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New Mexico State University

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NMSU Scientist Is Family Man

LAS CRUCES -- Robert DelCampo, a New Mexico State University social scientist, is the ultimate "family man." He has a family. He teaches courses about families. He studies families. He uses family systems theory in his research and counseling.


"Family therapy is a really hot, growing profession," he says. "The scientific community is finally realizing that you can't just `fix' a problem with an individual, send them back into their life and expect things to be better."

DelCampo says once someone has gone through therapy, they've changed. That change will have an impact on all the other people they interact with in the family and community.

"Instead of looking at individual problems, what family systems theory tries to do is look at the problems that individuals have within the context of the broader family system," he says.

DelCampo takes part in an ongoing research project with scientists at 10 other Western universities. "We look at different facets of how the quality of family life affects work productivity, how stresses and issues at work affect family life, and how to mitigate some of these problem areas," he says.

In a study of 328 women and 187 men, the researchers found that people did perceive the effects of work stress and conflict as influencing the whole family.

An example of work-family conflict in a dual-income family is when the children are sick and the parents have to figure out who is going to stay home with them, DelCampo explains.

"What we're finding, is that women tend to take on the vast majority of the extra burden of carrying on the family life," he says. "Many enlightened men with very good intentions have the erroneous notion that they are going to help their wives with the dishes, housecleaning and child care."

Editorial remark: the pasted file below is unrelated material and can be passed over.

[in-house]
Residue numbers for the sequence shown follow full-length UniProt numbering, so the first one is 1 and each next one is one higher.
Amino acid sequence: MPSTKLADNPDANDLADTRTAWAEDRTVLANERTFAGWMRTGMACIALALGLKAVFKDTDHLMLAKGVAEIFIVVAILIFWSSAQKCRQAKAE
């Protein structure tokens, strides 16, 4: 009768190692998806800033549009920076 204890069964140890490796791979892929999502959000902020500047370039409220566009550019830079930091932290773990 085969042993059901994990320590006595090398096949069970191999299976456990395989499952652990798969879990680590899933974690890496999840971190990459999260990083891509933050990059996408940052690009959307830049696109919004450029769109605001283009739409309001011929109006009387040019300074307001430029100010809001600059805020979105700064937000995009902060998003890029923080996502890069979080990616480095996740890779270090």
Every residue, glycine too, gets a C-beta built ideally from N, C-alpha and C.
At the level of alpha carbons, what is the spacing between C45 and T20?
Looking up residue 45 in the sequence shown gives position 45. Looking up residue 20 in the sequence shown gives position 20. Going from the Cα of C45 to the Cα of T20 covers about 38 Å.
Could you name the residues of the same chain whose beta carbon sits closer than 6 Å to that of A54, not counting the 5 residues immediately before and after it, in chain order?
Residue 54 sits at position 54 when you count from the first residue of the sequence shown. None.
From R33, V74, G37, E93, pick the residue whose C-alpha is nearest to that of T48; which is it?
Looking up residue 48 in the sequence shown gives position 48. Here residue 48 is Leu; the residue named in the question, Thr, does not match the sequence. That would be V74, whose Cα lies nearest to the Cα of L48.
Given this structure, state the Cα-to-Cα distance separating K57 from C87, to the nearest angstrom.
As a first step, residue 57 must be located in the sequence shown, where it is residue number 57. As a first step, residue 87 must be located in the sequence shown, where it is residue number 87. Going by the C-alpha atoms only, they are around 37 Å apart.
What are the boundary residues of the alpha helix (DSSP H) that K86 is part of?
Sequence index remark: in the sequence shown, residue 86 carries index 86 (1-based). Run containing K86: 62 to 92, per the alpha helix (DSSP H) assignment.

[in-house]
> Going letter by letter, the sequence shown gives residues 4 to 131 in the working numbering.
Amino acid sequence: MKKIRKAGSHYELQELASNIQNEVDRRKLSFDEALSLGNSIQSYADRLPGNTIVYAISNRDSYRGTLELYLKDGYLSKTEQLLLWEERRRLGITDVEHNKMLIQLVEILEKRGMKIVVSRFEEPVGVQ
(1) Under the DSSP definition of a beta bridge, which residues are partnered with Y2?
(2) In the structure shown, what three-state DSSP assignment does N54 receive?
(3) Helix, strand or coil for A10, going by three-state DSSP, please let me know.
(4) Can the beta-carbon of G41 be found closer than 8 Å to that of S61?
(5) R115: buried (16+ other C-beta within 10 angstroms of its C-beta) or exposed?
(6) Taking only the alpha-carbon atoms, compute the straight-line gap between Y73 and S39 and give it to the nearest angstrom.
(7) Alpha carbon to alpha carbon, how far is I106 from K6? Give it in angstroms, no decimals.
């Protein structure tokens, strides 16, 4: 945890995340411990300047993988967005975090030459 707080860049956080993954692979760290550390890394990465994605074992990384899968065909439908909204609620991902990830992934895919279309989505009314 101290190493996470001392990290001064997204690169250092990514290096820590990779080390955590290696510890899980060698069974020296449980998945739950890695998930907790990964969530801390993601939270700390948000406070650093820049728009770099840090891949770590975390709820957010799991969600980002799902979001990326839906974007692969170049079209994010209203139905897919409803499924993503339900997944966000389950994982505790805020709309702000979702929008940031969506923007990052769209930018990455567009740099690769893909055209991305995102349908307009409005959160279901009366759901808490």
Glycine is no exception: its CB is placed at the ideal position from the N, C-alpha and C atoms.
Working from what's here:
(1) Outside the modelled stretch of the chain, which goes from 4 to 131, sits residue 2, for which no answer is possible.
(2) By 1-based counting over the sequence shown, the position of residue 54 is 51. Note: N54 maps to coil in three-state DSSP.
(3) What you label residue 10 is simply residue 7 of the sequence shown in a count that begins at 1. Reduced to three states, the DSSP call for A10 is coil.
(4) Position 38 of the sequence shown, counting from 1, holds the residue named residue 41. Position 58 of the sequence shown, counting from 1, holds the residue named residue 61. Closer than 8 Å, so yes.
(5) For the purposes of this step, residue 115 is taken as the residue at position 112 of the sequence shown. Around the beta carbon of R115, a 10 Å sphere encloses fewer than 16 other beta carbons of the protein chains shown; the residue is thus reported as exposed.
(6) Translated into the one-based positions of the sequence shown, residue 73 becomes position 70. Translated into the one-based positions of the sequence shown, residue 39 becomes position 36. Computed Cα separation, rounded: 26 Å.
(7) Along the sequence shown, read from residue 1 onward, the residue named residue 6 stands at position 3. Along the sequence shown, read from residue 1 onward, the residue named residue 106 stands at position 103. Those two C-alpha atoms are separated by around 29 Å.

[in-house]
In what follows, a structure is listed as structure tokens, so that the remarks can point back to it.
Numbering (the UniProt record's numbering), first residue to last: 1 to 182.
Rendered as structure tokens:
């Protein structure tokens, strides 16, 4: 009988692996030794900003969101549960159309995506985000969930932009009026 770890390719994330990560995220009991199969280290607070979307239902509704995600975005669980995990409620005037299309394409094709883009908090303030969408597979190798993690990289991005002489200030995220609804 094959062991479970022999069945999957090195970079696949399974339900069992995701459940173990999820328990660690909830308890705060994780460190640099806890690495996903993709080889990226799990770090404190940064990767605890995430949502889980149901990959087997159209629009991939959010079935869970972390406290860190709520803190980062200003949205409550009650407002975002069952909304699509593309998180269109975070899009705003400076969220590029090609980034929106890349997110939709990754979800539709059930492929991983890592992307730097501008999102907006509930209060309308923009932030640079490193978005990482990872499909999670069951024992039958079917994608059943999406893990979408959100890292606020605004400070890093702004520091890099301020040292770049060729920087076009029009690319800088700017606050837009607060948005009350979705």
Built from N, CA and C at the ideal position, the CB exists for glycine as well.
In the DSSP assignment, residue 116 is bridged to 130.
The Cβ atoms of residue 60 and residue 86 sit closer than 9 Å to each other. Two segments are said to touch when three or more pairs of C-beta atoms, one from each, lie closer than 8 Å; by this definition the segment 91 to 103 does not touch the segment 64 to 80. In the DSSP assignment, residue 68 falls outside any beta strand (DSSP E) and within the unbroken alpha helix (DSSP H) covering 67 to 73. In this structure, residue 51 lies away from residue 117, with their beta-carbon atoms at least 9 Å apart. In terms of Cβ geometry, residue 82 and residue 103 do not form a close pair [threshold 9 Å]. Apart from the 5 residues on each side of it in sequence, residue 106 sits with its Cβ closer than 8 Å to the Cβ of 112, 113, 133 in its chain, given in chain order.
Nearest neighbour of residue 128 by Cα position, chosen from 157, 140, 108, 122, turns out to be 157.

The problem is that to be a "helper" means the ultimate responsibility still lies with the woman. "We're finding that does not mitigate the stress at all," DelCampo says. "Men have to go the next step to take responsibility for household tasks."

In another project, DelCampo and graduate student Elizabeth Knapp wrote a paper about how hospice teams can use family systems theory to help families deal with dying relatives.

In hospice programs, terminally ill patients return home to die with support from professionals including registered nurses, licensed practical nurses, social workers, counselors and nursing assistants. These patients receive pain medication but no other medical interventions to artificially prolong their lives.

"Family systems theory gives the team a theoretical base as to how to intervene and consider the entire family instead of just focusing on the dying patient," DelCampo says.

"In this approach, the team deals with how the grown children and the surviving spouse are coping with the situation, whether the family wants chaplain services, and how they can all cope after the death."

In a third project, DelCampo and former graduate student Diane Wolf Tatem did a case study of a child who was diagnosed with selective mutism.

"Selective mutism is when a young child who is fully capable of speaking and understanding will only speak to one or two people in his or her family or community, typically to a mom or grandmother," DelCampo explains. "It's obvious that when a child makes a conscious decision about when and to whom to speak that it's a manipulative thing. It's a way to get attention, because there is always a big reaction."

DelCampo says family systems theory can be applied to work with children who have selective mutism.

"It would be ludicrous to bring a child into a therapist's office and deal one-on-one with the goal of getting that child to speak," he says. "We would look at the selective mutism as a symptom of some larger problem. You see the systems approach here. It's not why isn't this kid talking, it's what's happening in the child's life system, community and family."

In addition to his research, DelCampo teaches courses about the family system, intimate relationships and human sexuality at NMSU's College of Agricultural, Consumer and Environmental Sciences . He also is a licensed family therapist.